Most social entrepreneurs with the desire to launch a new nonprofit are altruistic and selfless. They see a problem in the world around them — disenfranchised people, suffering animals, a declining environment — and they have the motivation and desire to exact change. They know that great personal sacrifice is part of the deal, and they generally expect little, if any, compensation for their trouble.
All that passion and dedication is admirable and a good start to launching a new nonprofit, but many founders incorrectly assume it’s enough to drive the organization to success. It’s not. A nonprofit organization is just like any other type of business — it’s money in and money out, getting the word out, and managing programs and people. All the skills of a for-profit entrepreneur are needed to succeed on top of a deep, selfless commitment to the cause.
Entrepreneurs who launch for-profit businesses can be, and usually are, motivated primarily by increasing their personal wealth. Any idea that can improve efficiency, increase sales, or reduce expenses means more money in their own pocket. The fundamentals of business are the obvious route to increasing profitability, so successful business owners often focus on these basics.
Nonprofit founders are motivated by making a difference — a concept that is less clearly tied to the actual business practices of the organization. However, the best run nonprofits are run like any other corporation. Business basics are critical, and no amount of passion can replace knowledge and understanding of accounting, marketing, and basic business planning.
To start, every new nonprofit must have a clear reason for being. The mission and purpose must be well-developed with a focus on both the ends and the means. The priority must be on the public good, with no place for individual gain. The programs and services should be developed with a recognition of what is already available to the same target population in the same area — direct competition in the nonprofit realm is likely to damage both organizations, not enhance them.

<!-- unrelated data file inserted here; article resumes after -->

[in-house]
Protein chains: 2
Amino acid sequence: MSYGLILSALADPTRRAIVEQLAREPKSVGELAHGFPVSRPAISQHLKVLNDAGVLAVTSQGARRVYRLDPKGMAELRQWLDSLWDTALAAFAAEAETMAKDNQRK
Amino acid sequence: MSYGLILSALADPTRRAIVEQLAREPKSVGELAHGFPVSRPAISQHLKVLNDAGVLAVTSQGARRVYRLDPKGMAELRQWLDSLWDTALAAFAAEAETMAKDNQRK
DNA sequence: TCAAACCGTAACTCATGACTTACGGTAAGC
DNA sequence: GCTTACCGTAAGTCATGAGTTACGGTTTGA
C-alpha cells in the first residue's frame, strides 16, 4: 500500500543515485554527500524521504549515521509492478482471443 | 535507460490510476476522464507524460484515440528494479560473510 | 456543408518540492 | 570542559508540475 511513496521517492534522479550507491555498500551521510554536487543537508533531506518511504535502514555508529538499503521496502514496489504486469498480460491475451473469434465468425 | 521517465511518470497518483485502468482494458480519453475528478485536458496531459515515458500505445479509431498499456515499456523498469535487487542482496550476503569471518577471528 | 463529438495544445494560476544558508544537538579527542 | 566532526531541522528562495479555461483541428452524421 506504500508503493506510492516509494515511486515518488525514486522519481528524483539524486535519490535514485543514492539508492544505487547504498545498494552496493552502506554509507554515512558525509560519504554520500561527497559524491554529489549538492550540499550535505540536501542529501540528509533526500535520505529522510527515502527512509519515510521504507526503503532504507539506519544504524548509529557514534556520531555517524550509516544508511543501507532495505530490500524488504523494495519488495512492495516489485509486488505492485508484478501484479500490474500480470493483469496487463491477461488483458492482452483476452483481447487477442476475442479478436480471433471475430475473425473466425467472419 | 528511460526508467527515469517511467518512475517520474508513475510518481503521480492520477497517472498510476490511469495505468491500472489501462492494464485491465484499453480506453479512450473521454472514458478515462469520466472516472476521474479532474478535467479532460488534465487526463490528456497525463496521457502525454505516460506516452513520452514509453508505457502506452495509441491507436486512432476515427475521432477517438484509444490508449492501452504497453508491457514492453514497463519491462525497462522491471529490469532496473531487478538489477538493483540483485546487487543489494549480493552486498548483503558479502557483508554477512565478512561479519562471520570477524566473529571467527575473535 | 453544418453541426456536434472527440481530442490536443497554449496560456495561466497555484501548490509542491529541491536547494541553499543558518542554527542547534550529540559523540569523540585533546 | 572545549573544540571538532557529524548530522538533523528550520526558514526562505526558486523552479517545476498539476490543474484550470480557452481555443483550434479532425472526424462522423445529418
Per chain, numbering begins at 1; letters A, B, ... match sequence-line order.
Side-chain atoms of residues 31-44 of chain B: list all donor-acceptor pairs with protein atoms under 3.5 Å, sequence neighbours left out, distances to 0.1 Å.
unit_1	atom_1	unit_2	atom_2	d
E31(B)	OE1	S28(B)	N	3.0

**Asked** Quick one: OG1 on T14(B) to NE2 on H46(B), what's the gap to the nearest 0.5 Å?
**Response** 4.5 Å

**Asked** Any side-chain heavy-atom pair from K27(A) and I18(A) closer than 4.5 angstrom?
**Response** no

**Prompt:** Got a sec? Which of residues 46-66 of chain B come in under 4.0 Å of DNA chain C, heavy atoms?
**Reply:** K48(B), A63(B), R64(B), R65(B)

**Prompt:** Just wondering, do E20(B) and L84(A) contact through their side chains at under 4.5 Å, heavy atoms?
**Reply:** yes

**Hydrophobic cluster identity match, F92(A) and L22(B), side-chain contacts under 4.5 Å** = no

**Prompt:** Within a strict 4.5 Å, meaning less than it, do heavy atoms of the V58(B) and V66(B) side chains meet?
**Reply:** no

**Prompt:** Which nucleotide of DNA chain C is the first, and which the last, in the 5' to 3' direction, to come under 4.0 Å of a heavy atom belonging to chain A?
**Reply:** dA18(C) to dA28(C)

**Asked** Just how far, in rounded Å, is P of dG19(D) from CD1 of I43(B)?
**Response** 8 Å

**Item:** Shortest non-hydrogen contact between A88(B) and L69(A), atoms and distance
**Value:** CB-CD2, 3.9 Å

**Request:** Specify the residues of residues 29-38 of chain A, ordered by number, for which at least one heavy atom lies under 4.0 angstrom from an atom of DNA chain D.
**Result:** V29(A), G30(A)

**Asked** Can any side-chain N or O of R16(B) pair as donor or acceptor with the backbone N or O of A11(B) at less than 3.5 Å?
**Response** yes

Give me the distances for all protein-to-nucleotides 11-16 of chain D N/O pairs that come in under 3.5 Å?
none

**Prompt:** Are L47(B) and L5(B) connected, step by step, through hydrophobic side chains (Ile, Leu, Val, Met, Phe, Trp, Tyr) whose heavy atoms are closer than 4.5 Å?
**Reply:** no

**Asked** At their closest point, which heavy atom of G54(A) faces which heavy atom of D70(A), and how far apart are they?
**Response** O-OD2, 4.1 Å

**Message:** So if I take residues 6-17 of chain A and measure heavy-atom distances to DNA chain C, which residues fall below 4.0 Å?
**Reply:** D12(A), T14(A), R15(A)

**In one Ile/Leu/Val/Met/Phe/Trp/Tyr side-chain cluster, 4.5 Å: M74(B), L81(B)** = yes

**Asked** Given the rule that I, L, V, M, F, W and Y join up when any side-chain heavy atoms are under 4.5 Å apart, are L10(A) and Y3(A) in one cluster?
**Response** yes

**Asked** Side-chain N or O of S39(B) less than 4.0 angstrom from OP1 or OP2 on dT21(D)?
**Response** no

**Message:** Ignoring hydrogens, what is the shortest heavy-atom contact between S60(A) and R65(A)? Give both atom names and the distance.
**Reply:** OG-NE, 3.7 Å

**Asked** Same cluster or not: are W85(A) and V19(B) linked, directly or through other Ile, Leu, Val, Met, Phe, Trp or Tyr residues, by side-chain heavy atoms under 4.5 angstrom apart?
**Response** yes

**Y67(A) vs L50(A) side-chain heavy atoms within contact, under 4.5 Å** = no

The founder and initial Board of Directors must be committed to providing leadership and governance to the organization. They should know and understand all of the operations, from fundraising to administering the programs and service. As the bridge between the nonprofit and the public, the board members must present a positive, trustworthy image and build support for the work of the nonprofit. They must take a central role in garnering donations, including giving themselves, and recruiting high-quality volunteers and employees.
Manage the Finances
Managing the finances of the new nonprofit is equally essential. The initial sustainability plan must rely on a variety of funding sources — expecting grant funds to cover all startup costs is unrealistic. Developing programs and services to provide earned income is the best option, and creating a sound, convincing fundraising program is a close second. The projected expenses of starting and running the nonprofit must be realistic and justifiable. Donors want to know that the money they give will be spent efficiently and will actually make a difference — the better your budgets and books are managed, the more confidence your supporters will have.
Use Strategic Planning
Good planning is also critical for successful nonprofits. The long-term, three to five year, plan should be clear to everyone involved — the board, staff, volunteers and supporters. Short-term strategic plans of ninety days to one year should be focused on moving consistently in the right direction. The board must be aware of the progress and hold themselves and the rest of the organization accountable. The marketing plan should be developed, evaluated and analyzed on a consistent, frequent basis as well.
Founding a nonprofit requires all the skills of running a for-profit business with the additional passion and dedication to the cause to keep you motivated. Business fundamentals are the key to nonprofit success. After all, business is business regardless of the purpose.